The massive, continual software adoption was driven by an ever-clearer ability to define its value. With valuation and metrics, clear decisions around trade-offs, bottom-line impact, and investment can be made. Execution and implementation lead to results, which are communicated, and the cycle goes on.
Is Climate Tech here yet? No. But think about how software evolved, clear processes, metrics, and Categories emerged, and the massive economics that was driven.
To look at potential drivers around new ways of modeling and valuation, consider two leading areas of thought: Dasgupta and Doughnuts.
Partha Dasgupta’s ground-breaking work focuses on the real valuation of what we consume. For example, what is the true cost of the power we consume? Or the full impact and cost of a consumer good we use? There is huge momentum around this new microeconomic thinking and models.
It will be the industry’s true Innovators and Category Designers who take on and solve this problem in terms of modeling, process, and technology enablers. Climate Tech will be valued in the context of the resources used and impacted.
In parallel, the concept of the traditional circular-flow diagram of an economy and GDP is being challenged. Historical mapping of resource and transaction flow does not capture the energy or the materials on which the economy depends, nor the society in which those activities develop.
A new macroeconomic approach gaining traction is the “doughnut economy”, where thinking and a visual framework for sustainable development are presented – shaped like a doughnut– combining the concept of planetary resources and thus a boundary in which we must operate and live.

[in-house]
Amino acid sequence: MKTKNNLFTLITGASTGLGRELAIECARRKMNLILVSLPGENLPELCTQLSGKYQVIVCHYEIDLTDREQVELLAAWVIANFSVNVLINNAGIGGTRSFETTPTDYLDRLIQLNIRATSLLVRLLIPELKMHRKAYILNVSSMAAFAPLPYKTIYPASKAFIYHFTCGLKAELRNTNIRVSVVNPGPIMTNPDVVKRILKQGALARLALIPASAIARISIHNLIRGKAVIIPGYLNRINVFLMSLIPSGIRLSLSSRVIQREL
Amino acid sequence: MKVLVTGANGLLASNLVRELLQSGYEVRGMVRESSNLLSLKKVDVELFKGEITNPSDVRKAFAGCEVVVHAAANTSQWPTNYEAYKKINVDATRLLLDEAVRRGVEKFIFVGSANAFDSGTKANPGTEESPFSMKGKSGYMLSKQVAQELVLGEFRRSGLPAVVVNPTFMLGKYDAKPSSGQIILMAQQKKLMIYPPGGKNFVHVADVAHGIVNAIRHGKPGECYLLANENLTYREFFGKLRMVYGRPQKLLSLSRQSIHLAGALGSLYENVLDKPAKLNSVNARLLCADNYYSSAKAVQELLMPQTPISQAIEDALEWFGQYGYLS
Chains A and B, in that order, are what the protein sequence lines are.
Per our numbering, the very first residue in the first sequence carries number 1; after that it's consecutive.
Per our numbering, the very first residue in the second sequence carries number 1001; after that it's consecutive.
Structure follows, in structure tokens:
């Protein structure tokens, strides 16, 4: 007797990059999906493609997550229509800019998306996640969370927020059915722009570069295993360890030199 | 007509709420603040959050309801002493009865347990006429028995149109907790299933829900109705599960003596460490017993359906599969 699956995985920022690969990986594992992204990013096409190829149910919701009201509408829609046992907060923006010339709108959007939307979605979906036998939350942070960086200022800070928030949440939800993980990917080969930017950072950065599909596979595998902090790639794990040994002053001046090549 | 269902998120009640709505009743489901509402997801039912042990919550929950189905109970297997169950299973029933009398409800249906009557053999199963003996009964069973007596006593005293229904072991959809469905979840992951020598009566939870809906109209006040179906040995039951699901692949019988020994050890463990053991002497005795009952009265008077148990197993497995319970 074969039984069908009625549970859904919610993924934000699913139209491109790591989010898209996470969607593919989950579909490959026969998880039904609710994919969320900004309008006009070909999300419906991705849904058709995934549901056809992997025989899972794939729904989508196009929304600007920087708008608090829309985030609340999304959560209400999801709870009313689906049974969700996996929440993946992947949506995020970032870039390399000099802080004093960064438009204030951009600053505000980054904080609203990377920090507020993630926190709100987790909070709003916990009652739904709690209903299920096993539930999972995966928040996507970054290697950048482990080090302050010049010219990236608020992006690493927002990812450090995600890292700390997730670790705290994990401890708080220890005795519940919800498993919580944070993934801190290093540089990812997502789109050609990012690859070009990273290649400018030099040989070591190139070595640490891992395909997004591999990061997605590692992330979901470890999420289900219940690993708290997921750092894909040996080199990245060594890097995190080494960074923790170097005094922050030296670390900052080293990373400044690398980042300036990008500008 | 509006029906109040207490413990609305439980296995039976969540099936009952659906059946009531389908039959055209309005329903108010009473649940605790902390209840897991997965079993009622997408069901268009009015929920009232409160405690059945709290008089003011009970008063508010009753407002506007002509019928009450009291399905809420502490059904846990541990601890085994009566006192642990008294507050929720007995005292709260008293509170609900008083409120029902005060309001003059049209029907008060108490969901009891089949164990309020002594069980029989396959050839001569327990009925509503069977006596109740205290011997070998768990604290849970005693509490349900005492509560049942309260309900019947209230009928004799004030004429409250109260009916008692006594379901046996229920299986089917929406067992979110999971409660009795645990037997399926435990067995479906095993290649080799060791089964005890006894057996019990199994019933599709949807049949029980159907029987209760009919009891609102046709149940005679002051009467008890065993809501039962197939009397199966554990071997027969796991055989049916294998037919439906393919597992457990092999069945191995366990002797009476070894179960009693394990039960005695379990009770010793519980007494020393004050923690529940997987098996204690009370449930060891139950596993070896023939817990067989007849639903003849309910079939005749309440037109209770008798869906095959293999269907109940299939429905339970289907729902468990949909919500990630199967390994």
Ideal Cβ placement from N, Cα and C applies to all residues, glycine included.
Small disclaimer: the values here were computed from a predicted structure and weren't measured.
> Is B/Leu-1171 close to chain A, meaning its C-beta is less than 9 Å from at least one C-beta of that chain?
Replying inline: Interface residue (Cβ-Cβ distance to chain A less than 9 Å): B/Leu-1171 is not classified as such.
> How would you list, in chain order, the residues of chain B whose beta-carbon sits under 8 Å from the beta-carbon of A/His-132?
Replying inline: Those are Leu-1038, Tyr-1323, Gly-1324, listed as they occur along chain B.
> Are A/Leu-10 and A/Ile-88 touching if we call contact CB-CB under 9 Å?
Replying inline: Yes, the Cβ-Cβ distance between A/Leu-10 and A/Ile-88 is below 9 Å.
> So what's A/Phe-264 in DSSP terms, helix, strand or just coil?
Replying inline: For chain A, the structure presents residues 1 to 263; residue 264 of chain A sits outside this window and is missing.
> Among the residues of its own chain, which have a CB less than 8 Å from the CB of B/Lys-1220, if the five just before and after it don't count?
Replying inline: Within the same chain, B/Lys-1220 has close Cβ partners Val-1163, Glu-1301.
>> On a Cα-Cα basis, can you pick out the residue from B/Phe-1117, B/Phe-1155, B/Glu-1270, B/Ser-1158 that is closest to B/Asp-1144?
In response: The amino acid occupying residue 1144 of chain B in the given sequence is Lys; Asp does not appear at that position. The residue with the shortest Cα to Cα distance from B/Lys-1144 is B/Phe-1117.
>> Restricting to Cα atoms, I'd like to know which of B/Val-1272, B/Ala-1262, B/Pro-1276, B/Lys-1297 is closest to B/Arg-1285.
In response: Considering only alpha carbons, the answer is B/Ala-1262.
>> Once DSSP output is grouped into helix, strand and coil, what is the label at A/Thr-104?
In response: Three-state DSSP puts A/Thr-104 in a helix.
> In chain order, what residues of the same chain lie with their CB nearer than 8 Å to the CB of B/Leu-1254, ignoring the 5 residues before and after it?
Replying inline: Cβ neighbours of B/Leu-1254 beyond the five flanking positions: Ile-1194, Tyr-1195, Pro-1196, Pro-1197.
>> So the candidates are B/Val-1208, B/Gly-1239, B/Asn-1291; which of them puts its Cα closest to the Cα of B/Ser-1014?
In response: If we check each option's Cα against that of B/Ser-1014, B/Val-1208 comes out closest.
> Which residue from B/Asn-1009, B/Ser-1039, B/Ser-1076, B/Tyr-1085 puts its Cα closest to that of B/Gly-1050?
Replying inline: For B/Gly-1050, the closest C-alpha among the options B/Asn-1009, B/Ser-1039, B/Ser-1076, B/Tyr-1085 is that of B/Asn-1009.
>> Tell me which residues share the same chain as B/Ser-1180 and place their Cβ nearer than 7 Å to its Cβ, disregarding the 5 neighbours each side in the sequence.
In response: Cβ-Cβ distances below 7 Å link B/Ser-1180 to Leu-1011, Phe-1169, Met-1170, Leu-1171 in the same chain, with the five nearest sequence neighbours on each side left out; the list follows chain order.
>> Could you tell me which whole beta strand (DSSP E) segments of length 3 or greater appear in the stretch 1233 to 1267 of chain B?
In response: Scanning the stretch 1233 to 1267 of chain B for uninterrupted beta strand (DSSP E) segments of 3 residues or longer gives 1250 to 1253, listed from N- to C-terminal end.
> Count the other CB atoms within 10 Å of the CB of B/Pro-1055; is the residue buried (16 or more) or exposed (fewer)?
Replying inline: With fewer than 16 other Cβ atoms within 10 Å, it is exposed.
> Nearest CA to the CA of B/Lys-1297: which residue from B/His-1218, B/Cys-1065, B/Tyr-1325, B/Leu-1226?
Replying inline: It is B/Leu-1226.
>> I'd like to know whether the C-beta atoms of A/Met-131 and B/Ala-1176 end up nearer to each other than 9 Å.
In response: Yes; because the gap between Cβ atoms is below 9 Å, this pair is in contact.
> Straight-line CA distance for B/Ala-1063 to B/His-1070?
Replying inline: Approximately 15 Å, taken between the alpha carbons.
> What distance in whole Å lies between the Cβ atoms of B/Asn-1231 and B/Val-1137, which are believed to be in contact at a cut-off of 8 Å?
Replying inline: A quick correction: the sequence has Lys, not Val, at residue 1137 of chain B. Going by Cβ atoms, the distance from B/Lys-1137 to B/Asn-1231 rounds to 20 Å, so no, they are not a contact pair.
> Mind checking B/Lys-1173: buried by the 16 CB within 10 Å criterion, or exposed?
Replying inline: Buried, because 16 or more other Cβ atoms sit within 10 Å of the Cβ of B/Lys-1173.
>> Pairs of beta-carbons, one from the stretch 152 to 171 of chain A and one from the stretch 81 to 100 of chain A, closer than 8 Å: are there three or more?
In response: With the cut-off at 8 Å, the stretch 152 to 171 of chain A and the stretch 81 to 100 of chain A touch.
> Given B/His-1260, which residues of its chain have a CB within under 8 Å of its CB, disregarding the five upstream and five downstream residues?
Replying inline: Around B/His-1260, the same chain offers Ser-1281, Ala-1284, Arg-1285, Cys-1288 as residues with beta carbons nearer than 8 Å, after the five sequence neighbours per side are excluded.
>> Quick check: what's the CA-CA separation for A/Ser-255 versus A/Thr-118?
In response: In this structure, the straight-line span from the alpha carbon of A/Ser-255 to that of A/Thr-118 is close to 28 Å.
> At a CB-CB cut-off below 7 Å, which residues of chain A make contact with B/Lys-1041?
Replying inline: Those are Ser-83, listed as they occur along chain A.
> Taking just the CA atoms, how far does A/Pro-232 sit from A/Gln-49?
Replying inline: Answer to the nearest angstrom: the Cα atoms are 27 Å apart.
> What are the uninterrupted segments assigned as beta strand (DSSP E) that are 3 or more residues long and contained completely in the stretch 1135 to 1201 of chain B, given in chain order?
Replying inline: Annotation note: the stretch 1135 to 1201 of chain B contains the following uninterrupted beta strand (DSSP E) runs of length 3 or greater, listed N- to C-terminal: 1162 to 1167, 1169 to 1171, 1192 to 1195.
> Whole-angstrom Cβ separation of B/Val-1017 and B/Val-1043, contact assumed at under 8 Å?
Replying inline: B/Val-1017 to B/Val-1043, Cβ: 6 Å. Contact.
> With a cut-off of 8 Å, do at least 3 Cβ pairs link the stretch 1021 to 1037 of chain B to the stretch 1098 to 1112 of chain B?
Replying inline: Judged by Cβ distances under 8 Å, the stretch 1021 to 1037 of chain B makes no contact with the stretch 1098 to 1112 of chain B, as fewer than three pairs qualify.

In either of the above new ways of thinking, we have the ecosystem around us and the need to rethink the valuation of resources and the full impact we are making. Innovators and creators in Climate Tech who define these new models will unleash tremendous new wealth, technologies, and Category Leadership.
Process and Integration
The delivery models and enterprise-wide integration associated with the software must also mature and manifest for Climate Tech. These initiatives must be interoperable with other company systems and seamlessly feed into the company’s data, tracking, and reporting.
Innovations and technologies such as Process Mining which uncover inefficiencies (and the opportunity to lower carbon footprint) are examples of how Climate Tech can be adopted and accelerated. But this is only the tip of the iceberg.
Because of the magnitude of the problem (and financial upside), innovators and creators will make Climate Tech easier and easier to adopt and measure. There will be new Categories that emerge around this problem-solving.
And history shows that the ones who design the Categories are usually the ones who end up leading them!
“Our economies are embedded within nature, not external to it.”
Internal efficiencies have driven the software and have become integral to the “guts” of a company.
Climate Tech is driven from the opposite direction – the outside in. We only need to look around or read the news to understand how big this will be. So let’s learn from history and create legendary new companies and Categories in the Climate Tech space!
If you are a climate tech founder seeking funding, apply here to the climate tech coalition, gathering 27 climate VCs and CVCs, and get a chance to receive a free membership if qualified.